Exiled At Home: Internal displacement resulted from the armed conflict in Iraq and its humanitarian consequences

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In June 2014, Iraq witnessed its highest record of internally displaced people due to the military operations that began after the Islamic State organization (ISIS) took control over large parts of Iraq, including the western and northern regions of the country. Thousands of families fled to escape death and violations to other Iraqi provinces ever since.

The number of displaced people during the past six years has reached more than 6 million. They had fled conflict regions for other Iraqi governorates such as Baghdad, Kirkuk, Anbar, Nineveh, Salah al-Din and Diyala, and the Kurdistan Region of Iraq. About 4,867,050 displaced people have returned, while the number of those still displaced reached around 1,198,940 as of writing this report.

Since this massive displacement movement began, Iraq has faced many challenges in meeting the humanitarian needs of the displaced and finding durable solutions. A Euro-Med Monitor field team documented the extent of the suffering experienced by the displaced on a humanitarian level. In addition to many of them being unable to return to their original homes, IDPs suffer from an acute shortage of food, lack of sources of livelihood, lack of healthy water, scarcity of fuel for cooking and heating, power cuts and many other health and education problems.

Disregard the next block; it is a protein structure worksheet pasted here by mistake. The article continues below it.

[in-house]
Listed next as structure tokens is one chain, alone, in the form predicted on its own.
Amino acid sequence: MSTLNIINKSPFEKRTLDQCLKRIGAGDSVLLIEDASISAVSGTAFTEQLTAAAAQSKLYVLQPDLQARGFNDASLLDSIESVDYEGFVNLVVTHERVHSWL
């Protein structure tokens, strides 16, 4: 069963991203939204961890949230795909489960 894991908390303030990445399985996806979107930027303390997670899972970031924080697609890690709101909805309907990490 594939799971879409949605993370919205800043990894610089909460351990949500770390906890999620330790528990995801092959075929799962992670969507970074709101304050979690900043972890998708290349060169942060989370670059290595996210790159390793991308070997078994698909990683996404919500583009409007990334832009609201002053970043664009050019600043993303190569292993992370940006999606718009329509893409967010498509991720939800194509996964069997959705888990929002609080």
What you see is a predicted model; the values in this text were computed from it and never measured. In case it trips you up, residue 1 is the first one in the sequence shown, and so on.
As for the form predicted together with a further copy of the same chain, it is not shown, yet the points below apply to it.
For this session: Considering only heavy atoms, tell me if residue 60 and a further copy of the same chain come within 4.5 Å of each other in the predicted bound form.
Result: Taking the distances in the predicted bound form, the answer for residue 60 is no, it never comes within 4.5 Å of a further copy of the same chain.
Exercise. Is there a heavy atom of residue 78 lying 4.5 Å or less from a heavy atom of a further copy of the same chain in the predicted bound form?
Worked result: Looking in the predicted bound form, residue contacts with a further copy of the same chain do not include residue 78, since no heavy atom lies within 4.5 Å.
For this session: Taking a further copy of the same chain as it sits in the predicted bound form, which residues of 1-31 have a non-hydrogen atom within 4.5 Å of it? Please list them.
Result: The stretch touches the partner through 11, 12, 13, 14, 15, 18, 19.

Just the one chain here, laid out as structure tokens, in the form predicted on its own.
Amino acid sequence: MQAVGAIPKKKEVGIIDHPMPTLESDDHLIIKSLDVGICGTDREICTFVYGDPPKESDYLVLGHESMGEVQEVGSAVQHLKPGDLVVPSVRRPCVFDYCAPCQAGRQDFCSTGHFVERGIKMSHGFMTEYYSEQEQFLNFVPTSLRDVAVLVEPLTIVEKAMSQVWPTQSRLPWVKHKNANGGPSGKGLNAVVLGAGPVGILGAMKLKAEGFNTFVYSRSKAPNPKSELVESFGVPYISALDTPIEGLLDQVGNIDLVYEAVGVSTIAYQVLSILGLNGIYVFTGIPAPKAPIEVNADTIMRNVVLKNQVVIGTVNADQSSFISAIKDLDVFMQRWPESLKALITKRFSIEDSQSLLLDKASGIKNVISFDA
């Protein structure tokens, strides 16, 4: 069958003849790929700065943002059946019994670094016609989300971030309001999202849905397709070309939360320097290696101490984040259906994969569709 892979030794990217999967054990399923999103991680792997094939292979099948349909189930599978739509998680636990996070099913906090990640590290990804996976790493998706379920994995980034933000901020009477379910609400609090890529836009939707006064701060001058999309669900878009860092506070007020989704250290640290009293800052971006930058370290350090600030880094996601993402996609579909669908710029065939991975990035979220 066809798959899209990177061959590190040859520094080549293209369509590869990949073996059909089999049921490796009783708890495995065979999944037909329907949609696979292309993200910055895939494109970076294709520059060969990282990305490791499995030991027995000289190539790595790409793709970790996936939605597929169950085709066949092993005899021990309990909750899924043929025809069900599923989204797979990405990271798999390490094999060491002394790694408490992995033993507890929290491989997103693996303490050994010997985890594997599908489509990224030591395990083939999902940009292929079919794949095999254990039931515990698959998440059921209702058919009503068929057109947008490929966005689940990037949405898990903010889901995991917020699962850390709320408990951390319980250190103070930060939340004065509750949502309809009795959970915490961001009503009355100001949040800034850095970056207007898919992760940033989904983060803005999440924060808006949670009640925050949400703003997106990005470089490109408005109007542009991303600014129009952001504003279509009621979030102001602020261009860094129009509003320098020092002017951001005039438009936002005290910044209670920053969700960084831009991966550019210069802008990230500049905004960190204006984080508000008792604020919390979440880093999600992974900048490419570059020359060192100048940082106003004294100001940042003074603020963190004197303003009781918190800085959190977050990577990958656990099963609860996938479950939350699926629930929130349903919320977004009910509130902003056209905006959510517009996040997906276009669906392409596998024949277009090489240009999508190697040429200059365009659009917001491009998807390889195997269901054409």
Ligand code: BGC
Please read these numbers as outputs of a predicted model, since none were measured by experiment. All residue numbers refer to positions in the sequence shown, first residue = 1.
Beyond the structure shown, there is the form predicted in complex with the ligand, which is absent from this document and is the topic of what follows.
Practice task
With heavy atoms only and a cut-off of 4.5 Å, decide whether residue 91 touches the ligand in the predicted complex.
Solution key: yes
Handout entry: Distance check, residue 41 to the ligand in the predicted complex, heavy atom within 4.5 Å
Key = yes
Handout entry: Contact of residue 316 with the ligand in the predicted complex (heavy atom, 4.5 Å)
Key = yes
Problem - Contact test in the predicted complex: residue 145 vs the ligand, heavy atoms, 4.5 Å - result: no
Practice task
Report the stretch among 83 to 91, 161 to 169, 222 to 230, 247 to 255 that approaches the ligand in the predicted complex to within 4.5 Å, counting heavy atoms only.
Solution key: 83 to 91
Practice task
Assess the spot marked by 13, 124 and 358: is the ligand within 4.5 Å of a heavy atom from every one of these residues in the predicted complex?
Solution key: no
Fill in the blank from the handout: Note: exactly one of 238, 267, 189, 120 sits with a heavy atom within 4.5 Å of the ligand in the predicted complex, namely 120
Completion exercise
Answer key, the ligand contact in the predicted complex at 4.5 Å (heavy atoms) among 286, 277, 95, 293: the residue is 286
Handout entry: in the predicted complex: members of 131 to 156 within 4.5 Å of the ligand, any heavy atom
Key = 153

Between the end of 2017 and 2019, the Iraqi authorities closed many displacement camps and merged others to return the displaced to their homes. This contributed to the return of more than 4 million to their areas. Despite this, more than a million displaced people are still displaced and suffer from extreme humanitarian conditions. On the one hand, IDPs are unable to return to their homes due to destruction during the military operations amid a slow process of reconstruction. On the other hand, the Iraqi authorities did not provide an appropriate temporary alternative for them. This caused displacement again and prompted them to head towards random and unsafe areas or seek refuge in abandoned houses because their camps were closed.

In this report, Euro-Med Monitor sheds light on the conditions of displacement camps in Iraq, and the challenging humanitarian conditions experienced by the displaced. The report also features the reasons standing between the displaced and returning home while highlighting the legal aspect that addresses this type of violations.